- The Washington Times - Wednesday, June 9, 2004

ANNAPOLIS — Maryland Public Television (MPT) officials will not be disciplined for violating contracting rules from 2000 to 2002, state officials said yesterday.

The decision was part of an investigation by the state’s Department of General Services, which concluded that the Maryland Public Broadcasting Commission’s MPT sidestepped state procedures to avoid missing deadlines for receiving federal funds.

“The review found no evidence” that the commission’s failure to follow procurement regulations and procedures “resulted from any reason other than an effort to meet deadlines imposed by its funding sources,” said Boyd K. Rutherford, secretary of the General Services Department.

Mr. Rutherford said the commission’s procedure for awarding nearly $500,000 in contracts was not illegal, but acknowledged that MPT failed to comply with state procurement regulations.

MPT uses state funds and public donations to operate television stations in Annapolis, Baltimore, Frederick, Hagerstown, Oakland and Salisbury.

The state inquiry started in late April after members of the state’s Board of Public Works asked Mr. Rutherford to investigate whether MPT officials had circumvented a standard review of contracts exceeding $25,000 from 2000 to 2002.

The three-member board became concerned after a legislative audit that showed MPT, in one case, skirted the $25,000 review threshold by dividing a $394,373 project into 18 contracts. A $74,950 project was broken down into three contracts. In some instances, contracts were just a few dollars below the limit, the audit found.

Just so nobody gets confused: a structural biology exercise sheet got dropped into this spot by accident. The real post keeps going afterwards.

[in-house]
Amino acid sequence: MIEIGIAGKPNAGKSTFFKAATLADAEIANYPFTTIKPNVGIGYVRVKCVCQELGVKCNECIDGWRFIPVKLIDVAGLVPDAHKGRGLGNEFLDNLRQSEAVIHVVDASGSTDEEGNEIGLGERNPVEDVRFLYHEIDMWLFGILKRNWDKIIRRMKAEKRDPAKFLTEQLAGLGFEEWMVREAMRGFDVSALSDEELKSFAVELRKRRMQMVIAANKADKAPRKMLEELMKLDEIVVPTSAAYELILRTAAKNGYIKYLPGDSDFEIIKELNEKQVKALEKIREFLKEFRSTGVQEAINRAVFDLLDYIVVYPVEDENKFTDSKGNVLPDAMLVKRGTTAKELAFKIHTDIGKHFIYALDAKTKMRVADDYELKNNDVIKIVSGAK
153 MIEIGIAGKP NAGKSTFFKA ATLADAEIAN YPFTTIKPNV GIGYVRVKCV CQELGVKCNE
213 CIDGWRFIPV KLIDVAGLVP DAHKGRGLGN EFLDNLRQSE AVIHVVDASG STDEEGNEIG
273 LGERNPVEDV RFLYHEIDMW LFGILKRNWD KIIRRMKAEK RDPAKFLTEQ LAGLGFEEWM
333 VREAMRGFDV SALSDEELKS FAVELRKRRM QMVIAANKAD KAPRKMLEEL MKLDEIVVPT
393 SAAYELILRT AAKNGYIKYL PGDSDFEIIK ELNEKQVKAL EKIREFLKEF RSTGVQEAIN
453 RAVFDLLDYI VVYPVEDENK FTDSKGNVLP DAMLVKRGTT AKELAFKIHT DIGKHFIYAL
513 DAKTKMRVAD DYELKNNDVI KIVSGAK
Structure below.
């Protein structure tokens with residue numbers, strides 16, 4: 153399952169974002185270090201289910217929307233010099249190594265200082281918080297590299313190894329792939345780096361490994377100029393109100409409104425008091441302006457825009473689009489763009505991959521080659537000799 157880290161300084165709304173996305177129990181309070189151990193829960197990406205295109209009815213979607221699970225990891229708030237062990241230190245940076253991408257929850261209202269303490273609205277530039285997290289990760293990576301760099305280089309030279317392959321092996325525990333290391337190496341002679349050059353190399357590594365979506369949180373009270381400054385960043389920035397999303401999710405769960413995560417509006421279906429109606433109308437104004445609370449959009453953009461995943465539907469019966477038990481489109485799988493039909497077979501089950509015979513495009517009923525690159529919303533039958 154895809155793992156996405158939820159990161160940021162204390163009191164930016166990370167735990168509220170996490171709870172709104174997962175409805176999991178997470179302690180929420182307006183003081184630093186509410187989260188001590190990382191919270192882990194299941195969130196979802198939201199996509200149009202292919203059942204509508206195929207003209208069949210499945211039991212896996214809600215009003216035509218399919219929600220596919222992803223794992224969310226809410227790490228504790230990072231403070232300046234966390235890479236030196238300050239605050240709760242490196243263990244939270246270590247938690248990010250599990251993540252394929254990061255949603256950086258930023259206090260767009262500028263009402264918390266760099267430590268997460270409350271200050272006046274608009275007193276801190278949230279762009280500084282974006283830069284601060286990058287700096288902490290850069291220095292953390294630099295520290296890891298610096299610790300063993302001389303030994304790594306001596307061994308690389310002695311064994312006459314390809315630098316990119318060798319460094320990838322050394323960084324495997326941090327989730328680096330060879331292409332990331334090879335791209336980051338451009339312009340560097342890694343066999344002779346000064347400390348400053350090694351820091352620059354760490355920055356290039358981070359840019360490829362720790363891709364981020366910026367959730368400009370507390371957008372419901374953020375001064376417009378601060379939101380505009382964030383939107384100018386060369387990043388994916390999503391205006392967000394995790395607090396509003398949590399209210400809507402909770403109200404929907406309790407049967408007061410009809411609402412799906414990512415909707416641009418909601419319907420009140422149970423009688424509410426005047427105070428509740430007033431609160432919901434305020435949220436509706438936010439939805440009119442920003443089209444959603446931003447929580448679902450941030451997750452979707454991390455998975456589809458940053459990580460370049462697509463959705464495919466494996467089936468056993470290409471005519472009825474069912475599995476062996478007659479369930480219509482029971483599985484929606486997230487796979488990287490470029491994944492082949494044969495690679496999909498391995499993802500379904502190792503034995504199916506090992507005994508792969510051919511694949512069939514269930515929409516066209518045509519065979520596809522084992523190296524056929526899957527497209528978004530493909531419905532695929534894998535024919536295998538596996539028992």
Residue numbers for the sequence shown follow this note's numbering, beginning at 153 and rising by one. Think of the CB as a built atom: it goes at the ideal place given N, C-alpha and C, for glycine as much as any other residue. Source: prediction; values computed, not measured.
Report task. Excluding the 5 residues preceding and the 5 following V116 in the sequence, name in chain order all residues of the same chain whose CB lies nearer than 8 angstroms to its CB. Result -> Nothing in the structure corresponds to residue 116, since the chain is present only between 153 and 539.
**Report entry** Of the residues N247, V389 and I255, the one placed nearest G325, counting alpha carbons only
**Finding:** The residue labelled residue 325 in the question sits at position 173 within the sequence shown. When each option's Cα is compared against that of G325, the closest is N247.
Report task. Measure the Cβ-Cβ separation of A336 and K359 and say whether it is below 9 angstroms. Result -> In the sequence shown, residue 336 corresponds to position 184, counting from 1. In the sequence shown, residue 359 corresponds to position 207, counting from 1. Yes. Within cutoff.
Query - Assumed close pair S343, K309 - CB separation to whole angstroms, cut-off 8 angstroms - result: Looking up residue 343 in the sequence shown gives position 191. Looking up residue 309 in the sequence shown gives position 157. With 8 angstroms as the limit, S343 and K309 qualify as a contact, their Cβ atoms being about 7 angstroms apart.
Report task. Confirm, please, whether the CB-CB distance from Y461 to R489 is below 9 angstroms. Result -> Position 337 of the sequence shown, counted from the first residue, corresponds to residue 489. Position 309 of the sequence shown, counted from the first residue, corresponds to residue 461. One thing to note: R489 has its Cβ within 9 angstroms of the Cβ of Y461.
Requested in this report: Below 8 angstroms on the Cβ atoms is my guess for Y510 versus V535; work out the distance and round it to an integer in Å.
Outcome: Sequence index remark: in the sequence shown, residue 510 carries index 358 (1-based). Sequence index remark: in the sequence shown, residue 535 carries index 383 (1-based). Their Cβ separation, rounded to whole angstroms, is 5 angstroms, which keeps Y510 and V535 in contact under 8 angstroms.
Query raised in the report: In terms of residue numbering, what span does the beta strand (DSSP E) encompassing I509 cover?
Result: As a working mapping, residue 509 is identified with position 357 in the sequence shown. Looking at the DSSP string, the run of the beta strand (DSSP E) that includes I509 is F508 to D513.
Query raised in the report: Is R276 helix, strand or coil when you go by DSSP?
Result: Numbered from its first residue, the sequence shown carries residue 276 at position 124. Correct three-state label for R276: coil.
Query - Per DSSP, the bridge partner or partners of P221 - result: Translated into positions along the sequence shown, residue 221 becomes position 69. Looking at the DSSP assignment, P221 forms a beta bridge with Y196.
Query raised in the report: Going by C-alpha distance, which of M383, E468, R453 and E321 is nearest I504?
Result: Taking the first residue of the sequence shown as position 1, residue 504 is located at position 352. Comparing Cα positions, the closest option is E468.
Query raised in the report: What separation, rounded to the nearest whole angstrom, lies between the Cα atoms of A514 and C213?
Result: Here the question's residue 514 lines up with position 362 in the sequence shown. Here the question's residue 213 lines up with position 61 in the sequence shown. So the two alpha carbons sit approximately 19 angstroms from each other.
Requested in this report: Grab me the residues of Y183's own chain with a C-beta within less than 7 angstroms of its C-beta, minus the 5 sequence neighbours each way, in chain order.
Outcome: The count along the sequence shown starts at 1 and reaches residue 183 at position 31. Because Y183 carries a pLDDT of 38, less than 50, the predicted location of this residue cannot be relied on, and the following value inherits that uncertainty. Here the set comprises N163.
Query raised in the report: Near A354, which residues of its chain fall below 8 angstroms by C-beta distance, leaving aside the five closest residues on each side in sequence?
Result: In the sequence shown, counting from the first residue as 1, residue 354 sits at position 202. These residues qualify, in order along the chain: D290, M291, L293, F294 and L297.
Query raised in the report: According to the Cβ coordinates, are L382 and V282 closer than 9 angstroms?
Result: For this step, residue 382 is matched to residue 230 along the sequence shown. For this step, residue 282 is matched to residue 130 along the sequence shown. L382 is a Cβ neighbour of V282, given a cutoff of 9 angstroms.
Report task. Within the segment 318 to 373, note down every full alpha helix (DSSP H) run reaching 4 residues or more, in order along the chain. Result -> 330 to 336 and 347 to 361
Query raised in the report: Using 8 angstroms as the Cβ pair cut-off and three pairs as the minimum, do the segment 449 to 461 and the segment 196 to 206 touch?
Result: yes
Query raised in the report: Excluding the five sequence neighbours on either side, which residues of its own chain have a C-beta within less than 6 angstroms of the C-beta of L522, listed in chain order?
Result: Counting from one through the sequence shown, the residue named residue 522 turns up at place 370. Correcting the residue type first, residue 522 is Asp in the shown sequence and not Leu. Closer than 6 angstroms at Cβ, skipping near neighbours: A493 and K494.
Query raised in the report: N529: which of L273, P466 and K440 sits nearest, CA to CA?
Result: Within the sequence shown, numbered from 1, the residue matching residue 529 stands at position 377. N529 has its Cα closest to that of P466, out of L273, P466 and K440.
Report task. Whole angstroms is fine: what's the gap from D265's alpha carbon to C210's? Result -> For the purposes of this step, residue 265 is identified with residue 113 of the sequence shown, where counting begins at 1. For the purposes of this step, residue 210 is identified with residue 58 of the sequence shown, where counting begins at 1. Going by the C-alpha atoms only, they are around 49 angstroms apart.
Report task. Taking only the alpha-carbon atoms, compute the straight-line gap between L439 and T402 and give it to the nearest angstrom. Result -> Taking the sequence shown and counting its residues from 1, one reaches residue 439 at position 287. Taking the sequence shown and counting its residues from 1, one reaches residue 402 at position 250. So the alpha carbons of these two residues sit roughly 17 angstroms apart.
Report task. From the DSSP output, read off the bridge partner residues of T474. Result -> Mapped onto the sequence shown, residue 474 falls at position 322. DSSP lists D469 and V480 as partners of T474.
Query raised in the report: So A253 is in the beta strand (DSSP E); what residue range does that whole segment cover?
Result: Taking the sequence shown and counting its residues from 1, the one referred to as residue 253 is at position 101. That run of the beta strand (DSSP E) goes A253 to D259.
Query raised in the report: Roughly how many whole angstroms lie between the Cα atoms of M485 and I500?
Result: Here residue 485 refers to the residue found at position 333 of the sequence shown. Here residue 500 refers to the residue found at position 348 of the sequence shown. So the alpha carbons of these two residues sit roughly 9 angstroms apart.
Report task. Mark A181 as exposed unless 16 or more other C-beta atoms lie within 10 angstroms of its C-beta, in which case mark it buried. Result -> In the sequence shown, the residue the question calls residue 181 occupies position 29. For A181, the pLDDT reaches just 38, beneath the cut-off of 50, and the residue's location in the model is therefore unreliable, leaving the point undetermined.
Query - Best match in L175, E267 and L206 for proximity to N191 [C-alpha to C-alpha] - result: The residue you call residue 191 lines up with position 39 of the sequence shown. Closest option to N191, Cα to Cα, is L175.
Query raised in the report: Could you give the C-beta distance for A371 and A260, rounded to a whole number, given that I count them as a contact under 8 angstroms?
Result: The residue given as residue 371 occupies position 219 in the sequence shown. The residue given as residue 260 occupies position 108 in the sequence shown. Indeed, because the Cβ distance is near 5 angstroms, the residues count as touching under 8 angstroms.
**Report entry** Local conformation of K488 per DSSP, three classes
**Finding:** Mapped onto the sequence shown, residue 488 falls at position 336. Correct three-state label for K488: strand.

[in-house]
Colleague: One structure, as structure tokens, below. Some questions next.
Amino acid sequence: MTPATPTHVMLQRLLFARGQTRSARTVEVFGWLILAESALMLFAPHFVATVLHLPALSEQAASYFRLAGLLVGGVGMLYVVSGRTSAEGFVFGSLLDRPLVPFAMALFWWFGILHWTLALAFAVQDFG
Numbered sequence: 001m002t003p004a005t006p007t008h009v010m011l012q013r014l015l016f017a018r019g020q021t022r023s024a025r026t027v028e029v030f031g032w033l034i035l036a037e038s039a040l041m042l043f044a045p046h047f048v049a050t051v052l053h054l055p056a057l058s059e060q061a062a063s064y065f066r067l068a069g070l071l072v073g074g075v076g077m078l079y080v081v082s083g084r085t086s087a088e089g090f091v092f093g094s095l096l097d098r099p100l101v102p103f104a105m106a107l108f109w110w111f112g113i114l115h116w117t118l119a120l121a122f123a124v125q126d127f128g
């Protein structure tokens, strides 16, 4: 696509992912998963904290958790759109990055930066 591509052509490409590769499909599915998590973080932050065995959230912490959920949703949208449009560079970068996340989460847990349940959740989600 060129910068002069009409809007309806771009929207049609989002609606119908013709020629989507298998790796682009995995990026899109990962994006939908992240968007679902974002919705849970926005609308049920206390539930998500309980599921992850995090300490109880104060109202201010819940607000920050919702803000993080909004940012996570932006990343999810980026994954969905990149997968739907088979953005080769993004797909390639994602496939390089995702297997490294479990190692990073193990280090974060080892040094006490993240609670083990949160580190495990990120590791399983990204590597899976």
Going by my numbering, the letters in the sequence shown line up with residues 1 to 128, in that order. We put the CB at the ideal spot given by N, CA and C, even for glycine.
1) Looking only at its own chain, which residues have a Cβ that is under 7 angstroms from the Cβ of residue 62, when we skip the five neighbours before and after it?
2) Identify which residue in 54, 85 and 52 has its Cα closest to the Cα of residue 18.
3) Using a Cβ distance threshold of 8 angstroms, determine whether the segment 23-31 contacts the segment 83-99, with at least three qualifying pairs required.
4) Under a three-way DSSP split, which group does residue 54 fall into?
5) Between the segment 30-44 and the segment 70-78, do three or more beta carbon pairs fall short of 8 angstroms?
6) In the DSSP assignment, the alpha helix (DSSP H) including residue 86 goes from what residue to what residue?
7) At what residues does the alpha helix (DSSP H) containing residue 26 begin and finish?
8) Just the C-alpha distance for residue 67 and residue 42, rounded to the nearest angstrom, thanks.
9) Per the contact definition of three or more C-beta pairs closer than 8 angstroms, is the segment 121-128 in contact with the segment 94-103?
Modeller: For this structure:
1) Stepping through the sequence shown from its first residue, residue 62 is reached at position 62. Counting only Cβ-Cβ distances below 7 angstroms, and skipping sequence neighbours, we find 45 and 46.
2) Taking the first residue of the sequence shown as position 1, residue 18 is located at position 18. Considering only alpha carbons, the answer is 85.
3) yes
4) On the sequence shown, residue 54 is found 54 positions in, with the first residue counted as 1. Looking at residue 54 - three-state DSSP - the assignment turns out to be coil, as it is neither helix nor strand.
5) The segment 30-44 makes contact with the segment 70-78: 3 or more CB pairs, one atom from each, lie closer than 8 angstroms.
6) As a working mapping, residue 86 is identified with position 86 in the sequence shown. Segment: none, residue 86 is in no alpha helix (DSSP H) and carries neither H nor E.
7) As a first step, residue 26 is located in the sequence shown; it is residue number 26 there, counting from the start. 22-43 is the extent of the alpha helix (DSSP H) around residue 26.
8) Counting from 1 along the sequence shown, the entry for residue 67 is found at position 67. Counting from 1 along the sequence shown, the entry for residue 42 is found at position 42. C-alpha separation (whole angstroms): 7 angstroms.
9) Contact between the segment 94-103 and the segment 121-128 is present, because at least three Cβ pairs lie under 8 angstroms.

Robert J. Shuman, MPT chief executive and president, said he welcomed the audit.

He said the station was attempting to meet deadlines for grants from the U.S. Department of Education to produce a series for parents of school-age children.

“We previously acknowledged there were procurement infractions,” he said. “We commend [the Department of General Services] and Secretary Rutherford for taking prompt action that has now resulted in a forthright record of the facts and findings.”

Although MPT officials were not punished, the state has made changes.

State Budget Secretary James C. “Chip” DiPaula Jr. temporarily has reduced the review threshold to $2,500, and state officials are training station staffers on procurement policies.

Mr. DiPaula declined to comment on the report.

Gov. Robert L. Ehrlich Jr., a Republican, sits on the public works board with Comptroller William Donald Schaefer and Treasurer Nancy K. Kopp, both Democrats. Mr. Ehrlich has assigned spokesman Greg Massoni to oversee the reform, but he was not available yesterday for comment.

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